Growth and Mindset: Three Steps to Help Your Child Grow From Failure
In today’s competitive environment, where some toddlers attend maths development classes and other youngsters are pushed to start reading fluently before they enter Grade One, parents can be forgiven for being concerned about the future of their children who show signs of struggling academically or otherwise.
But one of South Africa’s leading education experts says that the situation can and must be turned around before it spirals out of control and negatively impacts – unnecessarily so – on a child’s entire sense of self and self-esteem. And the way to do this is to cultivate a “growth mindset”, she says.
“Children who think their intelligence and ability is ‘fixed’ – that they are stuck at a certain level of smarts — tend to do less well than those who think that they can, with perseverance, achieve at anything they set their minds to,” says Traci Salter, Strategic Academic Development Advisor at ADvTECH, Africa’s largest private education provider.
“However learners who understand that their intelligence or skill level can be improved by effort and experimentation seek more challenges, learn from mistakes and don’t give up in the face of failure,” she says.
The concept of the Growth Mindset was pioneered by Stanford University psychologist Carol S. Dweck, and draws on neuroscience showing that a learner’s brain can improve with dedicated effort. Her research showed that personal qualities and abilities are not fixed, but can change with a simple change in approach.
Dweck’s research further showed that how children think about themselves has a significant impact on learning; with a strong connection between students’ motivation to learn a new skill and how they perceived their intelligence.
“Cultivating a growth mindset in one’s child is not a complicated process, and it can be given immediate and significant momentum with just one little word: yet,” says Salter.
For instance, if Anna is having trouble with language learning skills, explain that she isn’t good yet. If Mandla can’t get to grips with algebra, it is because he hasn’t grasped it yet. Emphasise that with effort, they will eventually master these skills.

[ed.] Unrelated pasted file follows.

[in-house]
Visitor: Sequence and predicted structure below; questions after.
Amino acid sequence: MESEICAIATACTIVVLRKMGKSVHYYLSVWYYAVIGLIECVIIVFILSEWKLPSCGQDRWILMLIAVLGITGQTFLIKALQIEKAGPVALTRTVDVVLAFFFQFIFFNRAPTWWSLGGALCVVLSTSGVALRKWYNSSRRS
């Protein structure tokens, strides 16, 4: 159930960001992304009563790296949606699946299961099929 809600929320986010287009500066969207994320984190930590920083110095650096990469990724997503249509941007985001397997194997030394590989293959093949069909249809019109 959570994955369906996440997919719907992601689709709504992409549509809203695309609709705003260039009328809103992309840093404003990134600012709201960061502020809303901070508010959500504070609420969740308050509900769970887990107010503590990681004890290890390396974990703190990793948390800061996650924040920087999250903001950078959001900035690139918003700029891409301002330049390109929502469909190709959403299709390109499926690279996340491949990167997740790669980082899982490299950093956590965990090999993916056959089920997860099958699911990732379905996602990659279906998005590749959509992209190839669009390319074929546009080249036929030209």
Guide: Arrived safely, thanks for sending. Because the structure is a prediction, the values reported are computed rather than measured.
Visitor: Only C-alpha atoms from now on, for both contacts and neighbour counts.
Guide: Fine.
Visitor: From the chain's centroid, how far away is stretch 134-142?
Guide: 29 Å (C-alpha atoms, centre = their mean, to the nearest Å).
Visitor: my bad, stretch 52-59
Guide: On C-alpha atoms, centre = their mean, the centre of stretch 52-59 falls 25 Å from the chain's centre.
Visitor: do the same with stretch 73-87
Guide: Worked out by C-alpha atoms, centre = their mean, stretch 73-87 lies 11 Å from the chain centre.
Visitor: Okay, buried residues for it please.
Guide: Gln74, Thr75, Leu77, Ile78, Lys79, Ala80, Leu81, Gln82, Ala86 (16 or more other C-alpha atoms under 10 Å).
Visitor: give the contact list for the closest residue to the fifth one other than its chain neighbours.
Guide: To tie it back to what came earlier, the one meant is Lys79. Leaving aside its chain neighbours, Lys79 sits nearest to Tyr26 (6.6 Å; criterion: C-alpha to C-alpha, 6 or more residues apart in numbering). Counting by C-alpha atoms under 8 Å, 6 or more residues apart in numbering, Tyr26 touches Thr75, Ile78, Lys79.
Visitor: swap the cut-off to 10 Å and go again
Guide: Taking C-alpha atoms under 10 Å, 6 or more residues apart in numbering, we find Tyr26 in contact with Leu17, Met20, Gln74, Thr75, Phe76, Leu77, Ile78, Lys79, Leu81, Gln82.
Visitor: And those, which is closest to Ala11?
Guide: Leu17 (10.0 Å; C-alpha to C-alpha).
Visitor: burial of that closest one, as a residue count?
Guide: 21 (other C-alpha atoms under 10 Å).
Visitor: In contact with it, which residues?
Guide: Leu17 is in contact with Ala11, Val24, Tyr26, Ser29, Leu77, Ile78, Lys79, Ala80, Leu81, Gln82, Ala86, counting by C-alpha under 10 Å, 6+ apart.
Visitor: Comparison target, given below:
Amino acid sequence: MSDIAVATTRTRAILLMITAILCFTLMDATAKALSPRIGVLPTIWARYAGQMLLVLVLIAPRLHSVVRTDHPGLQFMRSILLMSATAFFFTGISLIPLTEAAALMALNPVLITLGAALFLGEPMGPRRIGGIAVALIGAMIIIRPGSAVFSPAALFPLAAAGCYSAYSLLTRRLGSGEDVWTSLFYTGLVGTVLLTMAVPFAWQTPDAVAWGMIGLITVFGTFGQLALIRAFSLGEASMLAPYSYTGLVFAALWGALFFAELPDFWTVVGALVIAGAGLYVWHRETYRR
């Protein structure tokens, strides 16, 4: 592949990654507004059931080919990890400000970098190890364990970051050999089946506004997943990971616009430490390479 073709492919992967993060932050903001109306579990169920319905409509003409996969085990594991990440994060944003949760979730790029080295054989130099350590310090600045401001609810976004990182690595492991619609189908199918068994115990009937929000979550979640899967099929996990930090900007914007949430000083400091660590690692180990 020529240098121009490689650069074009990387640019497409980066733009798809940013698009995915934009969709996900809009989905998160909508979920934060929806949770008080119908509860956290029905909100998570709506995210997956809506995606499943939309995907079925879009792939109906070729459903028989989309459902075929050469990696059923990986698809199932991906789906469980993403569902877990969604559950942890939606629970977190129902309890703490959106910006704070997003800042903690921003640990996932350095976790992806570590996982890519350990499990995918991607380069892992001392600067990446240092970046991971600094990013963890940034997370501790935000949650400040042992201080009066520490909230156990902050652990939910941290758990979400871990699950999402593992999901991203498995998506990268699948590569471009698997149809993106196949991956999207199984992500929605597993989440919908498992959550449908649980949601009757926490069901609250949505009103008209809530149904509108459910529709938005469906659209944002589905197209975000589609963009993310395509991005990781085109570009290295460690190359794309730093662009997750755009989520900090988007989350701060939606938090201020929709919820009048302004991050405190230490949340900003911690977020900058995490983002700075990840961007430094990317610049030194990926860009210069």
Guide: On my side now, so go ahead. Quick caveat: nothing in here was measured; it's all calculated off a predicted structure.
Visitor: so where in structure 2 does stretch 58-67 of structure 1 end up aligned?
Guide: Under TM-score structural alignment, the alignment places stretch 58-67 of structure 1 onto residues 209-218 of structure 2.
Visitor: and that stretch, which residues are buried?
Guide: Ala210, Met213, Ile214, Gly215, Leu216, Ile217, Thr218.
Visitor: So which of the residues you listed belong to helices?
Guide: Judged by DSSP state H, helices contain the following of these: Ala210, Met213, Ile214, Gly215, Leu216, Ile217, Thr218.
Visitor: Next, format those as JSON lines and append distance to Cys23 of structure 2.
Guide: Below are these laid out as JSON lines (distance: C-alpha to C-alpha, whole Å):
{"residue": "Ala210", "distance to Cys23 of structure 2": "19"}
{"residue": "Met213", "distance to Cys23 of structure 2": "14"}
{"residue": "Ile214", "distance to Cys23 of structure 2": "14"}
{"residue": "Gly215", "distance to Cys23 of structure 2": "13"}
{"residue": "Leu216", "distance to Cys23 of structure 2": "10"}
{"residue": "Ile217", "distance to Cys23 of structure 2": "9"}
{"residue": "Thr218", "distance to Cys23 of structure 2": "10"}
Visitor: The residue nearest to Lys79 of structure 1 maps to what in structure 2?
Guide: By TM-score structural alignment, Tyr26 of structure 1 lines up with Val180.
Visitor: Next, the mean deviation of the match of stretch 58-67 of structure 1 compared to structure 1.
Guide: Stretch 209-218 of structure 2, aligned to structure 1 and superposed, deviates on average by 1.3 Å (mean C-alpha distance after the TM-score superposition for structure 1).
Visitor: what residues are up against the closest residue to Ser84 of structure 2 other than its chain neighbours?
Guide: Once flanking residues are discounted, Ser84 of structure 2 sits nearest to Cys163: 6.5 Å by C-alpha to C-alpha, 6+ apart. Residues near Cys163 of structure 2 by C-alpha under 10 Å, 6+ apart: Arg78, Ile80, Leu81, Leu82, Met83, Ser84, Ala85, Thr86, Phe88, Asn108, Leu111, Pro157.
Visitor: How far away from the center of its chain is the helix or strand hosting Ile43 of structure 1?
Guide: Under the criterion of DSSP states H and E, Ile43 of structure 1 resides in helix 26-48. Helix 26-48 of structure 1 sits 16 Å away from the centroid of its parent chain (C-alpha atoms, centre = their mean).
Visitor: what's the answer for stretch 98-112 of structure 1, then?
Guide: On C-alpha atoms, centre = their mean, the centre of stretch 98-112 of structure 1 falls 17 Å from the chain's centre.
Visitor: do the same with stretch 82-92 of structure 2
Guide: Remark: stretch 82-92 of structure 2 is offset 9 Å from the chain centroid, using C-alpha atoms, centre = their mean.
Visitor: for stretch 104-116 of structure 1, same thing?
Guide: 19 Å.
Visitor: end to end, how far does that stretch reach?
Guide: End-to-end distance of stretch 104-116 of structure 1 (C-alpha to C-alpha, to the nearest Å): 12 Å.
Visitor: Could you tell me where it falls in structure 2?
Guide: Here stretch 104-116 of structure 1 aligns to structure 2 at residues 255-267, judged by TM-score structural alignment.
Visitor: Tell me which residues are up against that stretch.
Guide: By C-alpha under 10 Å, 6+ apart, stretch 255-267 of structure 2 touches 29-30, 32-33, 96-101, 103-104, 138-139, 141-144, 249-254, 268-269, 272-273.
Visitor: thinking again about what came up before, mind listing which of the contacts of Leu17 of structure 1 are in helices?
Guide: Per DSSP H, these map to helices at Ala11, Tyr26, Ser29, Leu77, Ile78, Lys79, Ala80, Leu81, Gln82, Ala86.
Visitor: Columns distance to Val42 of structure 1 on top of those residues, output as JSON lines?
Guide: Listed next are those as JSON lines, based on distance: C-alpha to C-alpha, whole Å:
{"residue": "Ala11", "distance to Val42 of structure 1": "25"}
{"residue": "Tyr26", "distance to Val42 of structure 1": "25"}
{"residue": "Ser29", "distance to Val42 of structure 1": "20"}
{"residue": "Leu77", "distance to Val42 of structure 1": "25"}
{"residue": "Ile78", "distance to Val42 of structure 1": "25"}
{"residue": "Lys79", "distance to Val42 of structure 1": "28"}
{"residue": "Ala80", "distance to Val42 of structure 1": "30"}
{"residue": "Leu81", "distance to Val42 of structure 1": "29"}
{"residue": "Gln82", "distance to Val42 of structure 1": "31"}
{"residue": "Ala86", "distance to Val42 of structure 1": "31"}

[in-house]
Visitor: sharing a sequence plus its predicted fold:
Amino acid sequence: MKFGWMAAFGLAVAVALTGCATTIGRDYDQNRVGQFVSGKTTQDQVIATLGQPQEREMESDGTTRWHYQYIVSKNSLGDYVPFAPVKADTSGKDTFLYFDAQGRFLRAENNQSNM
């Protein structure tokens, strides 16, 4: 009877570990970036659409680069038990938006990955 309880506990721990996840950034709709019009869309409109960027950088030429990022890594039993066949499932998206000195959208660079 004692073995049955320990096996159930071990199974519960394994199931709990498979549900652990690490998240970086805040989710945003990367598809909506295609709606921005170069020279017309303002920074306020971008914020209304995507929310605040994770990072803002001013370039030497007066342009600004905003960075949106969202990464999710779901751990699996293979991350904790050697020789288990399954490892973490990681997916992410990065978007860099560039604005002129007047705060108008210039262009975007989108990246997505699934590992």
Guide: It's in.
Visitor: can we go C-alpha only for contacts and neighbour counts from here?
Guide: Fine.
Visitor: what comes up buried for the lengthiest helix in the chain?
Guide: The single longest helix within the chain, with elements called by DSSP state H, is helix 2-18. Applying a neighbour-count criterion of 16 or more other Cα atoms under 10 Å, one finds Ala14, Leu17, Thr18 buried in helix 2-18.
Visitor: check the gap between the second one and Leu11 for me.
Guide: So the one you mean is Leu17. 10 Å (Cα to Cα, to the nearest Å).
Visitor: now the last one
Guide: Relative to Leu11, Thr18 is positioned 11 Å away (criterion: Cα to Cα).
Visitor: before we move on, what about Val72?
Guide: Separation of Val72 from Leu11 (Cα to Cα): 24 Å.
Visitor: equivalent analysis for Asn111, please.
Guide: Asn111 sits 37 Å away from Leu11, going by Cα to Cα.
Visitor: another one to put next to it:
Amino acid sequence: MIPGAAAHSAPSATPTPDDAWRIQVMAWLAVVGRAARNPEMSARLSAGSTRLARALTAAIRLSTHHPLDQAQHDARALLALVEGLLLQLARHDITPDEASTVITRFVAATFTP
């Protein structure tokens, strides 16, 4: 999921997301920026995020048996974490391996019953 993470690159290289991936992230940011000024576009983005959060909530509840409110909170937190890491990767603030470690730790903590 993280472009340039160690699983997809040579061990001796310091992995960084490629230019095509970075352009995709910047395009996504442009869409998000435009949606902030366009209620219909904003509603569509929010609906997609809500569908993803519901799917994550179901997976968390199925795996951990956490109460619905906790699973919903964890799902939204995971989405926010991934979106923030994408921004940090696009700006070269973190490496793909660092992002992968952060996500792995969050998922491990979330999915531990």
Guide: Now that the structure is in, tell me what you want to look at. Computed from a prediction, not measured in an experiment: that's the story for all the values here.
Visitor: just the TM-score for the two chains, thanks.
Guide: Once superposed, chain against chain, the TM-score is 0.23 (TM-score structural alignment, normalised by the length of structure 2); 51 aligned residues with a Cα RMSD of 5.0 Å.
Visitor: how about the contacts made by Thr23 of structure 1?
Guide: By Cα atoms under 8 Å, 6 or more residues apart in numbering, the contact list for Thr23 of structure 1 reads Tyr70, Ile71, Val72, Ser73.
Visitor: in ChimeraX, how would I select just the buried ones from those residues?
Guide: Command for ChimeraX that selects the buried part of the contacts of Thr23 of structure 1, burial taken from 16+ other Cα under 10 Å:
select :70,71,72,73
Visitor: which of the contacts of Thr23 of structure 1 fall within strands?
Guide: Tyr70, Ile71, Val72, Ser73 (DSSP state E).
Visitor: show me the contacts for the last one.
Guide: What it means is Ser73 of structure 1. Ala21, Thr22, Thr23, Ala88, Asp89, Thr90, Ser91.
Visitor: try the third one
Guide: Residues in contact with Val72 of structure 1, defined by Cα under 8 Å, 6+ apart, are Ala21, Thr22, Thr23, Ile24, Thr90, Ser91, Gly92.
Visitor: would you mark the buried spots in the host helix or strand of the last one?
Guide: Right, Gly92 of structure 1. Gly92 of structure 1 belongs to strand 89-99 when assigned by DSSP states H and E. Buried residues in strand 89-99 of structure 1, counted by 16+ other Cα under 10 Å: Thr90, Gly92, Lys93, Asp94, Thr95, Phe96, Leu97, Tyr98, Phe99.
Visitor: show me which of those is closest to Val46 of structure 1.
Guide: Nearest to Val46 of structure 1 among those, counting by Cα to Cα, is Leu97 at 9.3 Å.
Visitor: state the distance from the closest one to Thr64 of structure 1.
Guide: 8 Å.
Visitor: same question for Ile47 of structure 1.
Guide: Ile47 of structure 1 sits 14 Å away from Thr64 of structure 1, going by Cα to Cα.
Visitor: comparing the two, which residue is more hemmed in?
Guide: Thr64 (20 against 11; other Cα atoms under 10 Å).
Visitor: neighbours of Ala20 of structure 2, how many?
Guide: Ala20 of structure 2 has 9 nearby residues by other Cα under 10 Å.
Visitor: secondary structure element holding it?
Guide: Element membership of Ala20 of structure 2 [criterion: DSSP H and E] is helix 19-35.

Carol Dweck recommends we ensure that children know “it is okay and safe to fail, and that taking risks and learning from failure can lead to invention and creativity”, notes Salter, adding that the way we praise our children also plays an important role.
“Dweck advised that, rather than using general praise, for instance saying ‘you can do it because you are so smart’, parents and teachers should praise specific efforts that lead to improvements such as focus, persistence and work habits. For instance, one could say ‘you’re doing a great job organising your science fair experiment. It will give you plenty of time to practise presenting.
“This takes the spotlight off fixed ability and puts it on the process of learning and developing.”
Following Dweck’s strategies, Salter says there are three steps parents can take to help their children develop a growth mindset:
- Have daily leaning discussions
At dinner, in the car or at bedtime take time for both children and parents to share the answers to these types of questions:
“What did you learn today?” (Instead of “How was your day?”)
“What mistake did you make that taught you something today?
“What did you try that you found hard today?”
It is important for parents and guardians to share their learning as well, because it models to children that even grownups learn new things every day, and learn from failures.
- Give feedback on process only
Praise effort by children – for instance persistence, thinking of alternate strategies, seeking new opportunities, setting ongoing goals, planning for achieving these, and considering creative alternates to the challenge at hand.
Don’t praise personal abilities like being smart, pretty, or artistic. This kind of praise could actually lead to a loss of confidence since children won’t be smart at everything. They’ll doubt their ability to master something that is difficult initially.
3 – Encourage risk, failing and learning from mistakes
Failure teaches our children important life lessons. For one, it’s how they learn resilience, perseverance and self-motivation. Now is the time to let our children risk and fail. But we often want to prevent our children from failing, from feeling upset or sad. Don’t.
“We must let our children experience some failures while they are young, so that they can strengthen their growth mindset muscles. If we don’t, they will become adults with no perseverance, or belief in their abilities to work hard and succeed,” says Salter.
“And when the going gets tough, and challenges feel extra challenging, we should help our children celebrate the fact that they are learning and building mental muscle. Tell them about all the famous people who failed and didn’t give up, like Albert Einstein, Walt Disney, Steve Jobs, Michael Jordan and Oprah Winfrey, and remind them that every challenge provides an opportunity to become more empowered.”
Get It South DECEMBER 2017 JANUARY 2018